Gordon’s father-in-law saw how he was “getting eaten up with this stuff” and wanting to learn more about it. “We saw that I couldn’t really afford to make my living just being a so-called ‘collector’, even in the comparatively low-cost world of contemporary folk art, plus given how I was spending most of my time playing music,” Gordon says. “But he gave me some seed money around 1998 or ’9 — $4,000 to be exact — to start a little business. And I started going to see these artists who were still alive, like Mose and Jimmie, and buying from them directly, getting to know them as people. They were fascinating. To have an 85-year-old African American man tell you about being pulled over by a white cop not so long ago, and to learn about that terror first-hand, was as important to me as these objects that these people were making.
“I learned that Jimmie used about 35 different shades of clay and mixed them with a sugar-based liquid like molasses or Coca-Cola and made a ‘paint’ that was adhesive and would stick to the board he was painting on. And he did these very textured paintings of houses, the local courthouse, and other buildings. I was really impressed with the ingenuity, and the sense that he was not so much concerned with the selling of the work as the making of it. I was not only fascinated by the work but inspired by it as well.”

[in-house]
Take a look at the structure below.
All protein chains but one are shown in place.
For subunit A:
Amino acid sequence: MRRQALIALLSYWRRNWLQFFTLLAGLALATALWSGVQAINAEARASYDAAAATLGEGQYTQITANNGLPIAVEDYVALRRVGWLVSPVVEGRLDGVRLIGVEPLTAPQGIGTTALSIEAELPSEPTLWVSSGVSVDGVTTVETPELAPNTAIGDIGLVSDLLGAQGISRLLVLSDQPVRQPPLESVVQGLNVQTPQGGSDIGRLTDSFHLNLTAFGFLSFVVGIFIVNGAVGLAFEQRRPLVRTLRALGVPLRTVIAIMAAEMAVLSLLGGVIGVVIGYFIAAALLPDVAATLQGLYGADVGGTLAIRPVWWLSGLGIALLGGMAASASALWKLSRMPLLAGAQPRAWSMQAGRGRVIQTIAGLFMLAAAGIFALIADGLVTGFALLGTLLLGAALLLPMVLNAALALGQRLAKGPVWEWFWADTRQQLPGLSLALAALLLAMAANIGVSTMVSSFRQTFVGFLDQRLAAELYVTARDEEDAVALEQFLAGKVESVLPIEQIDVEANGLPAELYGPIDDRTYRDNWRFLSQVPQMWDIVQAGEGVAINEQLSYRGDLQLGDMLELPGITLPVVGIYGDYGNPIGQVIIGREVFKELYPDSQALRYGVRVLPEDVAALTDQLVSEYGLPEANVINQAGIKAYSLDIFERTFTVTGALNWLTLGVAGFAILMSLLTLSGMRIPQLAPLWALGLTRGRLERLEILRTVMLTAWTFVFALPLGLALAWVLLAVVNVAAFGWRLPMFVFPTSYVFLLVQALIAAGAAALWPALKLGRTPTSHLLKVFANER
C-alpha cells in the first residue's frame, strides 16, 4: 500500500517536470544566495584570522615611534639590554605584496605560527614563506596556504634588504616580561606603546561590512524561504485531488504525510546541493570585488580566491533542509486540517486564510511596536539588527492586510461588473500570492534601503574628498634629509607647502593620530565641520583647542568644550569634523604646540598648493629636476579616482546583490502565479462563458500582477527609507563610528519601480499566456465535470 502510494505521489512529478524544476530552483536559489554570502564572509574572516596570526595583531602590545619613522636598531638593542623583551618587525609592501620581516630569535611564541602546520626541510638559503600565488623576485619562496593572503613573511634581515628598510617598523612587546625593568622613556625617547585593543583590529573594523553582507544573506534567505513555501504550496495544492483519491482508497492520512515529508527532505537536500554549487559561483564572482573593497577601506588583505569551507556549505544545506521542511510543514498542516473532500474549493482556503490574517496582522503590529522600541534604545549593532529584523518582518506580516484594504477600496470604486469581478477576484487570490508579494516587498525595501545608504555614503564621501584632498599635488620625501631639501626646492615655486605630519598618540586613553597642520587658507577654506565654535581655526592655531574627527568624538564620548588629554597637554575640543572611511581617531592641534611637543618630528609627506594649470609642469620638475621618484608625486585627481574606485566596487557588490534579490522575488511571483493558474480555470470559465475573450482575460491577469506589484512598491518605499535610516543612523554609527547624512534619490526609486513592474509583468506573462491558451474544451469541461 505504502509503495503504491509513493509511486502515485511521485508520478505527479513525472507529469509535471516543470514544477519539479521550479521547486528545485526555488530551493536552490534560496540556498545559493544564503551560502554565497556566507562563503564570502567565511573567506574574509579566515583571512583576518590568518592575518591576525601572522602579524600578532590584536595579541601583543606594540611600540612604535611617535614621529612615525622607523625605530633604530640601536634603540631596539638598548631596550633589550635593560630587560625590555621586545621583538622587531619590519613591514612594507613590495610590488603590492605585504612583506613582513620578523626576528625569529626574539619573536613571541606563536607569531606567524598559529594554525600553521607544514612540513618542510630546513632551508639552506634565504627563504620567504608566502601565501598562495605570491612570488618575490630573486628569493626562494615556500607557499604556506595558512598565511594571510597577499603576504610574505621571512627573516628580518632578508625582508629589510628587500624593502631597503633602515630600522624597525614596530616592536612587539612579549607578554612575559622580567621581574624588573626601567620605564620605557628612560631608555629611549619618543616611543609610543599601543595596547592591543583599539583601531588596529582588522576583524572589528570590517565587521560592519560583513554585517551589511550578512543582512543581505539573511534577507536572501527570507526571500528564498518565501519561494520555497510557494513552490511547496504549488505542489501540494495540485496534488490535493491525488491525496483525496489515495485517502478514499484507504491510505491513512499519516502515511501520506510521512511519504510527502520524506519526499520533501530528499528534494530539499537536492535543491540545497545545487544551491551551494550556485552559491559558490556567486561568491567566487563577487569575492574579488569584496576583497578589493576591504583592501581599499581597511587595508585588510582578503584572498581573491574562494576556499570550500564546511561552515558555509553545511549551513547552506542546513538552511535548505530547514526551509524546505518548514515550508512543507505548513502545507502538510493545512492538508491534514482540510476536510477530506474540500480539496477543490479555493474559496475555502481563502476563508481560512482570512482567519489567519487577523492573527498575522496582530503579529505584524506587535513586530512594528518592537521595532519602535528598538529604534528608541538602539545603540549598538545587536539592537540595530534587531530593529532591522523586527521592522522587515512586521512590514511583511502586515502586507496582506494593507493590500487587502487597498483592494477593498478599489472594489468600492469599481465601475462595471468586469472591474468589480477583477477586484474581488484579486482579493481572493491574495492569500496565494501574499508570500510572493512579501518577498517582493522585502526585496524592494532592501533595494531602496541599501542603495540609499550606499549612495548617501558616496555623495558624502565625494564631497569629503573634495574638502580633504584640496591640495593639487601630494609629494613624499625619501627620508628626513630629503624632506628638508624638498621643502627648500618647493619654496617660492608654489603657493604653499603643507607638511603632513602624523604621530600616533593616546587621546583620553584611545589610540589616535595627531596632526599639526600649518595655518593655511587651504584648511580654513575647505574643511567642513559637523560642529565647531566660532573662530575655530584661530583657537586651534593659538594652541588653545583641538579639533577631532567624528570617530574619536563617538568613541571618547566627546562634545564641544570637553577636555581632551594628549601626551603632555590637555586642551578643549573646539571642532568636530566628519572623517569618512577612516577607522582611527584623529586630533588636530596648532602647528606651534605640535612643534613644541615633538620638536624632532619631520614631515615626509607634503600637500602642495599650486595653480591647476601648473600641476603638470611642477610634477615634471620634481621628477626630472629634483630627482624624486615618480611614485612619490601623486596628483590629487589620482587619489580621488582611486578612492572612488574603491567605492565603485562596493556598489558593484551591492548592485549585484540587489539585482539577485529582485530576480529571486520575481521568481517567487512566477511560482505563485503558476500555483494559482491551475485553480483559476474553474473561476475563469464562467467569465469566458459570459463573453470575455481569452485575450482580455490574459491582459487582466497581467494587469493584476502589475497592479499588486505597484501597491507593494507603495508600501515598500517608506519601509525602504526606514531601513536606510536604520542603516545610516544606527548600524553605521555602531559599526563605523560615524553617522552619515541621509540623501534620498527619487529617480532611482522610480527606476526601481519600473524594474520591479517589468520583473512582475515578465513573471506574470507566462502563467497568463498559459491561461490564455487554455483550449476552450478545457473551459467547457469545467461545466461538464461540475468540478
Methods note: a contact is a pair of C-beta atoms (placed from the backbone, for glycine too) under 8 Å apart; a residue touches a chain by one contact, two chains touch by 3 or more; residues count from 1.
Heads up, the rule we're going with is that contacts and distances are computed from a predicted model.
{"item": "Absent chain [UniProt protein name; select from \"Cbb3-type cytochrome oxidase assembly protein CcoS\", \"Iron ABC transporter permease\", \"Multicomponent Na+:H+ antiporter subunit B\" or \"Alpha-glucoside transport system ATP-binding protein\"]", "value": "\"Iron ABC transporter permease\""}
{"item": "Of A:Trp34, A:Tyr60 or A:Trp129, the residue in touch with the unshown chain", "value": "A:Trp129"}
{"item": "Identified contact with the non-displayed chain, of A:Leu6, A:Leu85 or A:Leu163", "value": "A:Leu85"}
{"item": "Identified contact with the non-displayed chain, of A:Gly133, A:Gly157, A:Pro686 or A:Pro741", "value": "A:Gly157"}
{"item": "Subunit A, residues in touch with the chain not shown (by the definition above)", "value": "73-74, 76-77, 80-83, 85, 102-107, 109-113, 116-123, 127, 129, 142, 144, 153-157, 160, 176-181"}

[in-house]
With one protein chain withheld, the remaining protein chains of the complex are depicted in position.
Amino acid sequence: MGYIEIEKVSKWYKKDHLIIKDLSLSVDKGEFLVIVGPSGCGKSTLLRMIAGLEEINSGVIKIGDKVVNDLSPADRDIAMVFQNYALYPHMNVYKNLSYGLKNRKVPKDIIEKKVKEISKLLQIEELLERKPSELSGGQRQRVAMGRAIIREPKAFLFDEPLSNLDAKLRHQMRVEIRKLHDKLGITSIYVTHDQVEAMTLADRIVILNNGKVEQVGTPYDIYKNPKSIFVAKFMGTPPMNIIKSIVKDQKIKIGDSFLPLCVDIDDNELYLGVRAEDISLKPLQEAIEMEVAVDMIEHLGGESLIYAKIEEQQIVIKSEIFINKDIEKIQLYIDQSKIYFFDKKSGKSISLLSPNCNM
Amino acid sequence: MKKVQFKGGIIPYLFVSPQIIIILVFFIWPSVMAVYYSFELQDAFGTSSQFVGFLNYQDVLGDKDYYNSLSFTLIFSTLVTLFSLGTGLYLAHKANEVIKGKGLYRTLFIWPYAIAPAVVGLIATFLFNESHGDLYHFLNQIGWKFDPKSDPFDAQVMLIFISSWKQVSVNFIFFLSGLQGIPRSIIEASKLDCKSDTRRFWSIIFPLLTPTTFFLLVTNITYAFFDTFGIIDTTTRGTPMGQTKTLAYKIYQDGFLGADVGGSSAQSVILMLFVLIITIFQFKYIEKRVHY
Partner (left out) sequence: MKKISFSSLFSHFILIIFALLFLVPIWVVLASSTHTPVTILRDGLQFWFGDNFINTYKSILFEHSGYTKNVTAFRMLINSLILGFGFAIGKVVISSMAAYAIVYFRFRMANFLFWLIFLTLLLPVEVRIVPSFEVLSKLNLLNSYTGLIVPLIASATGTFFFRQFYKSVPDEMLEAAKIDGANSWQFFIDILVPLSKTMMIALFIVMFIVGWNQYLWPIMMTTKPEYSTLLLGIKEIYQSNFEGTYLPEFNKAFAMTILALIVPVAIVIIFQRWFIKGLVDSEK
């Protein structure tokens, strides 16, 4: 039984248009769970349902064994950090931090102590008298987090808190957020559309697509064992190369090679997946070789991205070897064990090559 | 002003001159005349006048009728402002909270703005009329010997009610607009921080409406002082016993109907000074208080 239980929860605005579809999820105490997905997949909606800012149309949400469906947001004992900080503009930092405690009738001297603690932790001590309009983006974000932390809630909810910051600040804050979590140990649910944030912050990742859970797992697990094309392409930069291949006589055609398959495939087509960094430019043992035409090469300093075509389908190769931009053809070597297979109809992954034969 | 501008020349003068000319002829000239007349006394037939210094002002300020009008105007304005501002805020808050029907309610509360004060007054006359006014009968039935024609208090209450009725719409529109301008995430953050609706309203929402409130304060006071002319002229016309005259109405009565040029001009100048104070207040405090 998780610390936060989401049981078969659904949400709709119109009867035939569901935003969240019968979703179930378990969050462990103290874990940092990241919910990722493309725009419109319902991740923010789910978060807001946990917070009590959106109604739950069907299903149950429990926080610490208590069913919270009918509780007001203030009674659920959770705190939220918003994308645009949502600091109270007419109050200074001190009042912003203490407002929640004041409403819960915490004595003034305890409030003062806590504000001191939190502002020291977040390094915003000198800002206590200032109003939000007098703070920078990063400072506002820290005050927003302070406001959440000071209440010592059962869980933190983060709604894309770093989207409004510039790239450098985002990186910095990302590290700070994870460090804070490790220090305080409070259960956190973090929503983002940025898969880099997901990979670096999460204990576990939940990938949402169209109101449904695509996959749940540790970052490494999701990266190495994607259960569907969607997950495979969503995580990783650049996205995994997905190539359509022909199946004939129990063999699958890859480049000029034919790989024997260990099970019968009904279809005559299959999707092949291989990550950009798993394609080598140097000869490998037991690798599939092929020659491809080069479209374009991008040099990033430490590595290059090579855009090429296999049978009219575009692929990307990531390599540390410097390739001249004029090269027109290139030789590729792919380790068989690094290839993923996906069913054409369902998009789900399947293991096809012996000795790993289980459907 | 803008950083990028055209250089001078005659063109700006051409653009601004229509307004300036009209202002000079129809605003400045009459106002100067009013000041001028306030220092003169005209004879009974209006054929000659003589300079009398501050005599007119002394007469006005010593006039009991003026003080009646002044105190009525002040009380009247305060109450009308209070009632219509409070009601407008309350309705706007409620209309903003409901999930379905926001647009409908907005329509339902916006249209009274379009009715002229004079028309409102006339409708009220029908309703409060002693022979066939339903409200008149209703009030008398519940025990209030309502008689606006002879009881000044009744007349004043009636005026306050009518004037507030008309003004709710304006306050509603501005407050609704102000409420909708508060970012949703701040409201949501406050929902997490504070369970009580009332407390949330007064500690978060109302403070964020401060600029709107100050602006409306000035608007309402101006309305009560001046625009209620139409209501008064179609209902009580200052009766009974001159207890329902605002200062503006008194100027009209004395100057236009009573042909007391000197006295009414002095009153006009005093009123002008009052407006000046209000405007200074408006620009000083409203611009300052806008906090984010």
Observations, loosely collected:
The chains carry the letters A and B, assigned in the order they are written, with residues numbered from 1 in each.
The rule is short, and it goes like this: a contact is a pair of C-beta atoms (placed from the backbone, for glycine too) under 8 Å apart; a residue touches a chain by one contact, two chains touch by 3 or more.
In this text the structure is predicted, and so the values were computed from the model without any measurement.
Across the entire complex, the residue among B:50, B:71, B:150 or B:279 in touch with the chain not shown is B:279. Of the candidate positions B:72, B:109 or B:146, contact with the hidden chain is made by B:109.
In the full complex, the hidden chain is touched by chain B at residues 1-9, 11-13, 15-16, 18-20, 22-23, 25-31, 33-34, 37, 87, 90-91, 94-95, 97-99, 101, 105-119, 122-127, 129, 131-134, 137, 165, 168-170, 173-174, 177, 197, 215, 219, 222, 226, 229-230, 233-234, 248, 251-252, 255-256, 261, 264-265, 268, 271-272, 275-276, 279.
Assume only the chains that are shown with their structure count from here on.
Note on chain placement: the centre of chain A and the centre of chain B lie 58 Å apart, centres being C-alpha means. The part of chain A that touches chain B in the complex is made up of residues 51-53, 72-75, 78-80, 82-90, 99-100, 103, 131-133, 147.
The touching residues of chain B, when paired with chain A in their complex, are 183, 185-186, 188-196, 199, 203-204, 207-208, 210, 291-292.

There isn’t much time for art exploration during his travels as a musician; trips to secure artwork are done on other days, either to exhibits, galleries, personal visits to the artists themselves (when they’re still alive), and the occasional stops at flea markets and antique malls, which he says are hit-and-miss affairs, heavy on the miss. When he meets with the artists themselves and they name a price, he makes a moral point of never trying to talk them down. And in the end, he can either afford a piece or not.
Over the years, Gordon has amassed an impressive collection by folk luminaries such as the aforementioned Tolliver, Purvis Young, and Thornton Dial, among many others. Since his gallery is his home, viewings are by appointment, naturally. He sells — and on occasion, buys — online, but he’s constrained by the fact that his budget is humble compared to the big boys. “I can’t compete with the prices the New York Galleries offer,” he admits.